Monday, 30 March 2009

Inventory checking

It was too nice over the weekend to be kit building! Sunday was gin clear, so a flying companion and I took G-JLIN on a land-away tour to Sleap (near Shrewsbury) and on to Shobdon (near Ludlow), before heading west to the Welsh coast and returning to Carlisle the long way round, via Caernarfon and up the west coast. Lovely flying and I couldn't help thinking that it would have been a perfect sortie for the Sportcruiser. Better get on with building it then...

Aeroplanes tend to have rather a lot of parts and the Sportcruiser is no exception. So I spent a bit of time today (30 March) carefully cataloguing all the various installation kits and checking for missing bits. Inevitably there are a few and so I've started a little list. Some of the issues will, of course, resolve themselves as I explore the kit in finer detail.

The snags list has now been made into an Excel file that I am adding to as I come across things that I either don't understand or think are wrong. I spent another 90 minutes or so updating the list on 31 March.

Time at the workshop on 30/31 March, 3h 00m
Total time so far: 14h 15m

Friday, 27 March 2009

Lots to learn!

I spent most of today familiarising myself with the aircraft's design and layout. It's really a cleverly thought out kit. Each time one thinks "How do I do that then?" it seems that the designers got there first and have provided a solution. That's probably a good thing!

For example, there is necessarily a fair amount of to-ing and fro-ing along the length of the fuselage and/or into the wings. Electrical wiring, tubes, control systems, etc. all have to find their way from one end of the aircraft to the other. The designers' solution is to fit a number of plastic pipes, about 1cm internal diameter, running through the aircraft and into which you can thread cables and so on. There seems to be plenty of these highways to accommodate all the systems anyone could ever want to install.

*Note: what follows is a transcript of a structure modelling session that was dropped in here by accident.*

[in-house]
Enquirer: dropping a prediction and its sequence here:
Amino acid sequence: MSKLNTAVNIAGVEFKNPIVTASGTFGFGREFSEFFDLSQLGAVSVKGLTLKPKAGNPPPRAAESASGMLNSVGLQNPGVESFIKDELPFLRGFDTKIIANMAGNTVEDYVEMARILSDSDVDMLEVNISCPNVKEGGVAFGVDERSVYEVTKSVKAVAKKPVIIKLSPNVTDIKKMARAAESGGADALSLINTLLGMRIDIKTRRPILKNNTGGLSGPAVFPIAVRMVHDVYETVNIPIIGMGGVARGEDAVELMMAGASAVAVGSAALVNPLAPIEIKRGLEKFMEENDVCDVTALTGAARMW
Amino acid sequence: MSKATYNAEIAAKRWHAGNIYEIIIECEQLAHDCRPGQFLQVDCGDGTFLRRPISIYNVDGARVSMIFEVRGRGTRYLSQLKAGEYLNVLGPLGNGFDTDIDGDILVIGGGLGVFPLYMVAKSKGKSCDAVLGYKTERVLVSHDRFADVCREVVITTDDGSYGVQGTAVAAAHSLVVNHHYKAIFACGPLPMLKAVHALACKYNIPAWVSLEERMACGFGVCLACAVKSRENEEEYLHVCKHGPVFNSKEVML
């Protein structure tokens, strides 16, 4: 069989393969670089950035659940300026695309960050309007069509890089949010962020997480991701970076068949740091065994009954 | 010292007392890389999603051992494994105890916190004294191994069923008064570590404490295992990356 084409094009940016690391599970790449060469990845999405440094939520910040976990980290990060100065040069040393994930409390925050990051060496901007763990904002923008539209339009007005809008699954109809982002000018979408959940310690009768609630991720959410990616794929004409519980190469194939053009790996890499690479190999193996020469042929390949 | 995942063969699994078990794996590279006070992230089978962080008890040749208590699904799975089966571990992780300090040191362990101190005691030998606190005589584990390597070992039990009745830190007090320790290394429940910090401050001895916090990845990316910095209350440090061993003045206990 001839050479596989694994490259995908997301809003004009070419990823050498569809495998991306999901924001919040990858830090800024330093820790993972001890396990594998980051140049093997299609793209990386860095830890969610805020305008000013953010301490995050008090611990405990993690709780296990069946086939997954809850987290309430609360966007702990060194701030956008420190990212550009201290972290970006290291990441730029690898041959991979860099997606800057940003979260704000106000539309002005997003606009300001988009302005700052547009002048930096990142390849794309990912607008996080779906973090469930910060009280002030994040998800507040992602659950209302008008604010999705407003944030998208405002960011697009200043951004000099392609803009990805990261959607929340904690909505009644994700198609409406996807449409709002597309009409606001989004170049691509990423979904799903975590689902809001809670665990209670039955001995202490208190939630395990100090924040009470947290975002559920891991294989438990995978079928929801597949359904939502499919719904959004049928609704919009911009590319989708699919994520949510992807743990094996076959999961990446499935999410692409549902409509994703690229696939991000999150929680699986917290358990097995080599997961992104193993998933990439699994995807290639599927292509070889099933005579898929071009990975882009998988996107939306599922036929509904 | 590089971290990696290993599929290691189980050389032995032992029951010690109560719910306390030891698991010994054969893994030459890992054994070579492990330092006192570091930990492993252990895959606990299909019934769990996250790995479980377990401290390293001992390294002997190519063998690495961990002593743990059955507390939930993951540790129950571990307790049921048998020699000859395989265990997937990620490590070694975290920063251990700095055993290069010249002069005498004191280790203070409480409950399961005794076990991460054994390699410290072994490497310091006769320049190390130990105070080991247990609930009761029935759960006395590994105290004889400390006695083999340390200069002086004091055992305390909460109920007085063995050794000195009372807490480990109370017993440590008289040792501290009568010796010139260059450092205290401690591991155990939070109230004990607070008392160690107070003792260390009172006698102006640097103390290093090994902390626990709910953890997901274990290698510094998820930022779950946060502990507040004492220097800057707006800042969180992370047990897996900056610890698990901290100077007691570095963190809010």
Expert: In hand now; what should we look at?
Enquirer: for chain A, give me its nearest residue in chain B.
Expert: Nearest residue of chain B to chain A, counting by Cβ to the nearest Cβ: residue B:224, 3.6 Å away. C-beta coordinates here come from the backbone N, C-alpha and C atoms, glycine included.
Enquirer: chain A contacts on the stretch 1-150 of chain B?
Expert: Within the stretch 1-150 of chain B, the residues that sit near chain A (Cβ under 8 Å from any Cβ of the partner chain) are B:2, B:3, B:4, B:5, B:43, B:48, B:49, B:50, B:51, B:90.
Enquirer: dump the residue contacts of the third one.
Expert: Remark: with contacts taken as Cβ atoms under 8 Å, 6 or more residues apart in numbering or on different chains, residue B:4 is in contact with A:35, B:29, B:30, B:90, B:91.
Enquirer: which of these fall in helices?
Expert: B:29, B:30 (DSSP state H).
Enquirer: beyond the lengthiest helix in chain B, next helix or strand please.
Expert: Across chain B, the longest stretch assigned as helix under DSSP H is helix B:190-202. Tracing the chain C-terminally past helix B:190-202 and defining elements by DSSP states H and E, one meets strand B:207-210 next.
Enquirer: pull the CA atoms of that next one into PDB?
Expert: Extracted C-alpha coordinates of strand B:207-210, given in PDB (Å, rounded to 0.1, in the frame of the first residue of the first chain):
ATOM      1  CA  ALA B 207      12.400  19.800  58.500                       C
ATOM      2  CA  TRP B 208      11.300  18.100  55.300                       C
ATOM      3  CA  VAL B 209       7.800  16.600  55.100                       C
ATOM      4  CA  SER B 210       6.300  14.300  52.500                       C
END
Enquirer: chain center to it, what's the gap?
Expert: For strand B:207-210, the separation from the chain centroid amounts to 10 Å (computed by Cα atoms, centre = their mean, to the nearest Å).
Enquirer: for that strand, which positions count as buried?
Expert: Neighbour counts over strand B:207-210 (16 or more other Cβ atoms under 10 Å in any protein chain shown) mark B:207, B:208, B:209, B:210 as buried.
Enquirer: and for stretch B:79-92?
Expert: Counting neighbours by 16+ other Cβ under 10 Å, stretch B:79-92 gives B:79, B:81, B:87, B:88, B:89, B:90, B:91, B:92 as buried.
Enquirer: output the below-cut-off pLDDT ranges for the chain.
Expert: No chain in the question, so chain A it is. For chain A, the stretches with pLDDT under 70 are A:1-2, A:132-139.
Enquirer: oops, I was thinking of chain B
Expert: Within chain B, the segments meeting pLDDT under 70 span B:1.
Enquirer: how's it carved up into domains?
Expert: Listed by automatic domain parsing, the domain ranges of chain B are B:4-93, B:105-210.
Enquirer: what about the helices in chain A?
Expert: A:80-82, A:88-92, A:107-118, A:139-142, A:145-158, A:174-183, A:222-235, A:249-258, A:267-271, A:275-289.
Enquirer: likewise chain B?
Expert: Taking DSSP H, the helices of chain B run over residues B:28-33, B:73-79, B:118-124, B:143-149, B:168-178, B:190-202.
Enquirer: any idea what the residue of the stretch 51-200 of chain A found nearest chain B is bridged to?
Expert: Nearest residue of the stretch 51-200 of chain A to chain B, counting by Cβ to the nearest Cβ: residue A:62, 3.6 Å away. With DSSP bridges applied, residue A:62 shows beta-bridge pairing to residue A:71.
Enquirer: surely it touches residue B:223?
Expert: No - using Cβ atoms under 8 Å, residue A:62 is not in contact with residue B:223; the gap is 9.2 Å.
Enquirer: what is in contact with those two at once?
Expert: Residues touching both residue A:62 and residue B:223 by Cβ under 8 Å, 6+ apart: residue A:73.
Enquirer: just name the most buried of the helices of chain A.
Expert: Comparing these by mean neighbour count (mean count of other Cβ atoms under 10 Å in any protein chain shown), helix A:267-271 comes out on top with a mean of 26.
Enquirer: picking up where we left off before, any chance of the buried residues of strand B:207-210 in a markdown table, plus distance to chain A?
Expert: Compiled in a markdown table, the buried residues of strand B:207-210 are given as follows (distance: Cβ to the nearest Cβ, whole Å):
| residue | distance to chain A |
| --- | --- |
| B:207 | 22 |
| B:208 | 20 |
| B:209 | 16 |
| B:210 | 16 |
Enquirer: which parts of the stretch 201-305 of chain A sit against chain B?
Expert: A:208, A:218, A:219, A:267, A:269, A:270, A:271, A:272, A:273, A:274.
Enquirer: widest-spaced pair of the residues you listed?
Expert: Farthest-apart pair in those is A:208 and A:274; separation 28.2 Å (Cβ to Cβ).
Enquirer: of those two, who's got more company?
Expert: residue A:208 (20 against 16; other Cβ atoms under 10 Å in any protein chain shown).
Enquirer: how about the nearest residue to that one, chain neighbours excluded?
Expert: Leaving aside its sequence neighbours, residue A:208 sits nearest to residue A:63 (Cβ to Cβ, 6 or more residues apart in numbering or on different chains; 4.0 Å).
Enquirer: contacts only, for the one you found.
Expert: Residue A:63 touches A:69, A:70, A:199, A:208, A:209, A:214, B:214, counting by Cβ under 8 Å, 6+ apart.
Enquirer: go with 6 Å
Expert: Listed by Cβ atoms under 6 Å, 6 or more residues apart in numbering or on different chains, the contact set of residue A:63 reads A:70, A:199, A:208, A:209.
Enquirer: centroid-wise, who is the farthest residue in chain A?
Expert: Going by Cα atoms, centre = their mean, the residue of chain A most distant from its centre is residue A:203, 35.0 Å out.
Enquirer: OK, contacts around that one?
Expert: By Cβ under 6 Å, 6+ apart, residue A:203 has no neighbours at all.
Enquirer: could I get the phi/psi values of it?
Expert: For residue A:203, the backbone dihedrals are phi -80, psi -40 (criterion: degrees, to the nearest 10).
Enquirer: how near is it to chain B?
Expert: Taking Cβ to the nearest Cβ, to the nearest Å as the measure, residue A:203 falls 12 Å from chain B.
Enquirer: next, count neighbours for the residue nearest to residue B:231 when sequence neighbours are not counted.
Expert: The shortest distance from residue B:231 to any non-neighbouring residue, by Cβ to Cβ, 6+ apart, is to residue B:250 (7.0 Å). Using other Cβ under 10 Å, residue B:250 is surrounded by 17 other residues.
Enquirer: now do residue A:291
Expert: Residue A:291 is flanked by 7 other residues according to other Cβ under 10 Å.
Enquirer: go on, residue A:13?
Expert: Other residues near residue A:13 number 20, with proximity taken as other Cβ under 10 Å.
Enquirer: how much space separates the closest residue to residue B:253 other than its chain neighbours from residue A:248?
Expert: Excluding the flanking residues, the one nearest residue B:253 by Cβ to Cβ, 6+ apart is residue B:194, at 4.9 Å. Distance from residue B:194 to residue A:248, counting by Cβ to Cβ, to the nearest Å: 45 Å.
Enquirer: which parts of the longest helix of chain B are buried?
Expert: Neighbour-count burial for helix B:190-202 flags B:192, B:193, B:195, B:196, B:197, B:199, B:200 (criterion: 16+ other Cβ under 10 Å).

We took the canopy off today and this makes it much easier to see what goes on in the cockpit area. The canopy is huge! It's easy to see why everyone says that the view from the Sportcruiser is so good.

I'm waiting for the LAA inspector to pay me my first visit, so I can properly get under way with the project. I think everything is in order so I'm ready for inspection, SIR!

Time today: 5h 00m
Total time: 11h 15m

Thursday, 26 March 2009

So what have I got here?

09:30 On site at the workshop. My host has provided some much needed additional space (thanks David!) and we spent a while reorganising the workshop to make good use of the additional room.

I started decanting the myriad of small components into large stacked bins in an attempt to catalogue the inventory and identify all the various different parts. This is a precursor to a full inventory check, which I plan to undertake over the next day or two. Many of the larger parts were also identified, checked and stashed away. Some items I have brought home, namely the instruments and upholstery.

In the afternoon my friend Chris arrived and we set about unpacking the wings and other flying surfaces. Definitely a two man job for although nothing is especially heavy, many items are large and awkward to handle.

Progress today: All parts unpacked, major items identified and checked, minor items sorted into bins.

Off site at 16:30.

Time today: 6h 15m
Total time: 6h 15m

It's here!